If you’re an Arabist: Introduction

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If you’re an Arabist, or have any knowledge of the Arabic language, you’ll already know one thing about it: it is hard. It boasts 10 different verb forms, a “dual” function, fun things called broken plurals, “specification”, how clauses, case endings, wacky sentence structures and many more nuggets of annoyance for the intrepid learner.

Taken as a whole however, the Arabic language is home to some of the greatest literature in the world: tribal Arabian poetry dating back to pre-Islam, scientific and medicinal journals that far outpaced the Western World for centuries, architectural designs from all over the middle east and, of course, God’s holy word revealed in Arabic.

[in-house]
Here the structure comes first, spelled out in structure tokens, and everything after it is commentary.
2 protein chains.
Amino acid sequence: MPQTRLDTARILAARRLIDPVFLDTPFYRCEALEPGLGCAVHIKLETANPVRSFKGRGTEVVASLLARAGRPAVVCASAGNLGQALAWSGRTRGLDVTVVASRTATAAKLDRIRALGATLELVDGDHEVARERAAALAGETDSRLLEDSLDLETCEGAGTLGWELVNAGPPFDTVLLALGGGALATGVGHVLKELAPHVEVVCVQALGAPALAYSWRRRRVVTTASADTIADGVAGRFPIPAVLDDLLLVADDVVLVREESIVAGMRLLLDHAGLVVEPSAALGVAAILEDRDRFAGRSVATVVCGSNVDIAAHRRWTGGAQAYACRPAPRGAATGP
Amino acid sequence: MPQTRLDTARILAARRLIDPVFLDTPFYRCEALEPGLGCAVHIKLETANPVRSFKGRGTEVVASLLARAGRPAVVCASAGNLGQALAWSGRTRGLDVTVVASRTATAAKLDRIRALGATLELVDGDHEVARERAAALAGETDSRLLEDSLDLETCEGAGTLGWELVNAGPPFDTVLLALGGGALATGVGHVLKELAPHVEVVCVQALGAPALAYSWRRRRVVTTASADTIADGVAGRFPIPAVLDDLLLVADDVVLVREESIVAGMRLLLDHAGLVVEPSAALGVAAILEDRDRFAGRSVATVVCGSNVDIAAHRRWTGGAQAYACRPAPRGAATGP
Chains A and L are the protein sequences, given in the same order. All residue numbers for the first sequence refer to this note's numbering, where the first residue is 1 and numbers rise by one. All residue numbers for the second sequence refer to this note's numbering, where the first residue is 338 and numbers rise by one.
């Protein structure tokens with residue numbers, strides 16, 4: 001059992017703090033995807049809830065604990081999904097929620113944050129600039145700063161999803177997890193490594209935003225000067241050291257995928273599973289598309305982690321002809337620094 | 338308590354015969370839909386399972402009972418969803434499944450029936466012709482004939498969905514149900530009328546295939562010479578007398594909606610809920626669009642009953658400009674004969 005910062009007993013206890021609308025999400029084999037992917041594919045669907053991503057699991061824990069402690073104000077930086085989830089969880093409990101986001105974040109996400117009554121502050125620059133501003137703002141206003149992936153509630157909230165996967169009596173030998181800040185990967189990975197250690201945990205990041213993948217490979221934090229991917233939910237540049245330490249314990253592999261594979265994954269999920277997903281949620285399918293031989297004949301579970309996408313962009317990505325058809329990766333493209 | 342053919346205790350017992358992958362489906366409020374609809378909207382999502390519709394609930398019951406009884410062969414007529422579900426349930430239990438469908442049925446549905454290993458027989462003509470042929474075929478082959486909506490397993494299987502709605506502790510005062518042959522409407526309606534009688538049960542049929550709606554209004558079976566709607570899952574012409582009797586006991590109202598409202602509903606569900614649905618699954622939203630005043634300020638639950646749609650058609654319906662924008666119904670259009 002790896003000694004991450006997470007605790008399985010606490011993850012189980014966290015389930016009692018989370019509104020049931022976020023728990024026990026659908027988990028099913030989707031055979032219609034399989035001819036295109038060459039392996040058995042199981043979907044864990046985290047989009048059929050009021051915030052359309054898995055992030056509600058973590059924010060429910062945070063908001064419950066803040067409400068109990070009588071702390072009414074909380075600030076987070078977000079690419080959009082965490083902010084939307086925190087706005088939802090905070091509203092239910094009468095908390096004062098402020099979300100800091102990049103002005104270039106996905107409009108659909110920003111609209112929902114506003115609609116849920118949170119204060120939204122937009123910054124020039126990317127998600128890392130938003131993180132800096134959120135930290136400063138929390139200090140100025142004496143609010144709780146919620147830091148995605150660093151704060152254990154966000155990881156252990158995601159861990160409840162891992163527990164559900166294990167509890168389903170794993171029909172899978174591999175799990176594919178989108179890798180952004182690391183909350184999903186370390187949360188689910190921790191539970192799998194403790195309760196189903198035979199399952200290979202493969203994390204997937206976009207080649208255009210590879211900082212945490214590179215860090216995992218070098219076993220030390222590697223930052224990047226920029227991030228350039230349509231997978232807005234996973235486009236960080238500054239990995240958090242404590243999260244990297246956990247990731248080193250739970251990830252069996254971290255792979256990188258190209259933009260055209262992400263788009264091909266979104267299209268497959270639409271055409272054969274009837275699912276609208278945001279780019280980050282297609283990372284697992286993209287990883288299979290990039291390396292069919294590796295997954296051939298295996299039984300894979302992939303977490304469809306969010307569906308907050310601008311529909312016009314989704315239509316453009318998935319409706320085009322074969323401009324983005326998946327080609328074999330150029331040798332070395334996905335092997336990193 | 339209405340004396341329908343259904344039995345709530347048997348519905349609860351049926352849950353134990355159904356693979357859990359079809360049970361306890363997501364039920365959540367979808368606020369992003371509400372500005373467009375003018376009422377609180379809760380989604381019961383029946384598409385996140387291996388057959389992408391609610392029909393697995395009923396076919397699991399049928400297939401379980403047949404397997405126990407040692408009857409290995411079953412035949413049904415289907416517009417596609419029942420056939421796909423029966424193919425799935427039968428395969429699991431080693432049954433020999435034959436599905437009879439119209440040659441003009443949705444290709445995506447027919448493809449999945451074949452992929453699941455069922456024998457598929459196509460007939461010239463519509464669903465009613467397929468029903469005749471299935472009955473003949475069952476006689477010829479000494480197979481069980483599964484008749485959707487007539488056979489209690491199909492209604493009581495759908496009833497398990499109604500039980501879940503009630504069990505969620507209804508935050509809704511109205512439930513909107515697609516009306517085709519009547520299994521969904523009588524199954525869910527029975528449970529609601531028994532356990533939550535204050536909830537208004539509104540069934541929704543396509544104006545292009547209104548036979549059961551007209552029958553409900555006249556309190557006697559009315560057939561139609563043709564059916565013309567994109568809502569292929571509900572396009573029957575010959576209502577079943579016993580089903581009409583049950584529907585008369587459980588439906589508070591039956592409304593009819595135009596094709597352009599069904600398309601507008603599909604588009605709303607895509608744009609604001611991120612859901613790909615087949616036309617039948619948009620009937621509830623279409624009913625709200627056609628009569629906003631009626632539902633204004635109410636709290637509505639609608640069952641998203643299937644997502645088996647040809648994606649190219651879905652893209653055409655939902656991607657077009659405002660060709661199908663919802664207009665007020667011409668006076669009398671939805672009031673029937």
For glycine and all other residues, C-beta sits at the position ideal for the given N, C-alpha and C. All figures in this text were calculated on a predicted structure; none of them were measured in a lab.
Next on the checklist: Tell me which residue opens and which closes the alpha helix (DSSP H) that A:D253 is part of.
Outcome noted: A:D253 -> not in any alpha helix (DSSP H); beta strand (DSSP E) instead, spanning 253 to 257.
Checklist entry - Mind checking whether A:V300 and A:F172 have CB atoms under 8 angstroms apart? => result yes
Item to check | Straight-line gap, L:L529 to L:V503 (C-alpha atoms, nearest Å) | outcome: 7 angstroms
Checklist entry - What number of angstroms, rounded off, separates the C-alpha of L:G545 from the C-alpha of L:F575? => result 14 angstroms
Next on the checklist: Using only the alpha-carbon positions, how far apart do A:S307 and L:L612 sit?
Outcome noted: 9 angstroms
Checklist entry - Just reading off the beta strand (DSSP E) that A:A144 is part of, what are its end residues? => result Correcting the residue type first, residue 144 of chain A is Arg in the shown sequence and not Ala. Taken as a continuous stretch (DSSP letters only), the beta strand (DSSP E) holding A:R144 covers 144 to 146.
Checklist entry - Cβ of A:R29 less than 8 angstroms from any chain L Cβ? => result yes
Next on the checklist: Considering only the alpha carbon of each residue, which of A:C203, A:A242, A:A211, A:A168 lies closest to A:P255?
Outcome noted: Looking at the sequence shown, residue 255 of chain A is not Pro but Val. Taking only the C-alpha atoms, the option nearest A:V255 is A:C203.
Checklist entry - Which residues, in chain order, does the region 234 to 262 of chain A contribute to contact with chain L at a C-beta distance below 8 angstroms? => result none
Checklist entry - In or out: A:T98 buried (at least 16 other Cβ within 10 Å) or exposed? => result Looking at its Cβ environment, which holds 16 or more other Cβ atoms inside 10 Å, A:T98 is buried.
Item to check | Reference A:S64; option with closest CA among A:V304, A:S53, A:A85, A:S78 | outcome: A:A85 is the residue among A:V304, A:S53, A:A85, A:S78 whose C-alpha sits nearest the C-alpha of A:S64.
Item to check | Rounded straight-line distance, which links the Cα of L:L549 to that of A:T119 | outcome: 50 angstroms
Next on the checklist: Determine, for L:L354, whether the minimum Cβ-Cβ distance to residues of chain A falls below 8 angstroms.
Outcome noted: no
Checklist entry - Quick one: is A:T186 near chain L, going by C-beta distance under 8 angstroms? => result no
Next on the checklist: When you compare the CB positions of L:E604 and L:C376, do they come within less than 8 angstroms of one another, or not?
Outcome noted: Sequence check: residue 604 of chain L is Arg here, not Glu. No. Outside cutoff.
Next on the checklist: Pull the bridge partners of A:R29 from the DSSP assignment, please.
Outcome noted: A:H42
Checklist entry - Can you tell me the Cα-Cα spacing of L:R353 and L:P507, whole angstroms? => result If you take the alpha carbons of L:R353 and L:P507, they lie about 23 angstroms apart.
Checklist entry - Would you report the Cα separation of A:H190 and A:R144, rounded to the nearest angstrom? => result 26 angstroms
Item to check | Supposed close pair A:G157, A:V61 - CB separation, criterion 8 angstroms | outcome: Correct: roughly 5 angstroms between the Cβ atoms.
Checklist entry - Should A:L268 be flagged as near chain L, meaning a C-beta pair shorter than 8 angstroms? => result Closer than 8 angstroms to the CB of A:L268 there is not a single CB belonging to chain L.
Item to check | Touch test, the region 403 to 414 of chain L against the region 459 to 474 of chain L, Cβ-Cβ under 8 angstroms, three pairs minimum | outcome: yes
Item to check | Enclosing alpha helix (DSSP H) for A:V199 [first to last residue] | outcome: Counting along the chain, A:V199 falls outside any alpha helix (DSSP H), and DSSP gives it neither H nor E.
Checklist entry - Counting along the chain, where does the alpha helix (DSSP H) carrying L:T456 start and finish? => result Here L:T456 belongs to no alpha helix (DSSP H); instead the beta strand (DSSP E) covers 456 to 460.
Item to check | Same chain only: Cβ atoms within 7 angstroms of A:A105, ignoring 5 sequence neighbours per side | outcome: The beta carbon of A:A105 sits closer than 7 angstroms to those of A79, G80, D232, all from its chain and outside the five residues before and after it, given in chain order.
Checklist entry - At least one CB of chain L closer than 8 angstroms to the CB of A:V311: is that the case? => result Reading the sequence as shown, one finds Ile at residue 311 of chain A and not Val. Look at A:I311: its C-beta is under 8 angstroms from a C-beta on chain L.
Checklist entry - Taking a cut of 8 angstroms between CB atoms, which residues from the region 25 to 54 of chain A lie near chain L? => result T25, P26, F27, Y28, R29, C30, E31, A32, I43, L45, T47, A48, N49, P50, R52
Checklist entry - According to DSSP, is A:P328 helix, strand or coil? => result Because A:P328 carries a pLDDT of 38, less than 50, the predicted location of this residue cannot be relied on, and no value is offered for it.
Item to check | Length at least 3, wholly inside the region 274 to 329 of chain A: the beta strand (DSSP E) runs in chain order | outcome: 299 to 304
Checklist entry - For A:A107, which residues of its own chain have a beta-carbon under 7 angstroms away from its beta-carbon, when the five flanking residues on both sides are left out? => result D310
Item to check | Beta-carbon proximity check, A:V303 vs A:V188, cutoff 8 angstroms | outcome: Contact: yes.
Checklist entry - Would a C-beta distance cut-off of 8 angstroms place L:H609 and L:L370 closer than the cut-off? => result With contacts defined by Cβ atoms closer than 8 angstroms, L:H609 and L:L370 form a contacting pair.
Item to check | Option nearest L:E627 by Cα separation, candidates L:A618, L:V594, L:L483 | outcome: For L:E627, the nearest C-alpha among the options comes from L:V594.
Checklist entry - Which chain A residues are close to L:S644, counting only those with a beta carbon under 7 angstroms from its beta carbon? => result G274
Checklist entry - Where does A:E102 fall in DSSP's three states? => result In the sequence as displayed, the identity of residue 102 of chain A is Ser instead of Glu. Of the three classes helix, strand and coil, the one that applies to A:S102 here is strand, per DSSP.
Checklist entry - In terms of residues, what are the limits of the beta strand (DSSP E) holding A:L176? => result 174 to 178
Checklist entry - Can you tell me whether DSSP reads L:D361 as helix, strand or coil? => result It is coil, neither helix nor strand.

Not only is the language itself a treasure trove of intellectual thought and culture, refined and almost unchanged after 1400 years, the Middle East has long been considered the birthplace of world religion, and more recently, the epicentre of a cultural revolution or two.

 Even more impressive, and slightly more tangibly, it is also extremely cool to write (a great addition to the party trick repertoire) and fantastically fun to speak. With all this in mind, embarking on a year abroad over here is likely to be quite an undertaking, even if it is to the safest and – arguably – tamest country in the region: Jordan.

 Known for its rich cultural history – Alexander the Great passed through, leaving ruins that still remain some 3000 years later, not to mention one of the 7 wonders of the world, Petra – and religious importance – the sites of the Burning Bush and Jesus’ Christening are both very near the capital, – Jordan has a lot going for it! But rather than quote from Lonely Planet, I’m going to tell a few stories – in installments, hamdulillah – about my time there so far. 

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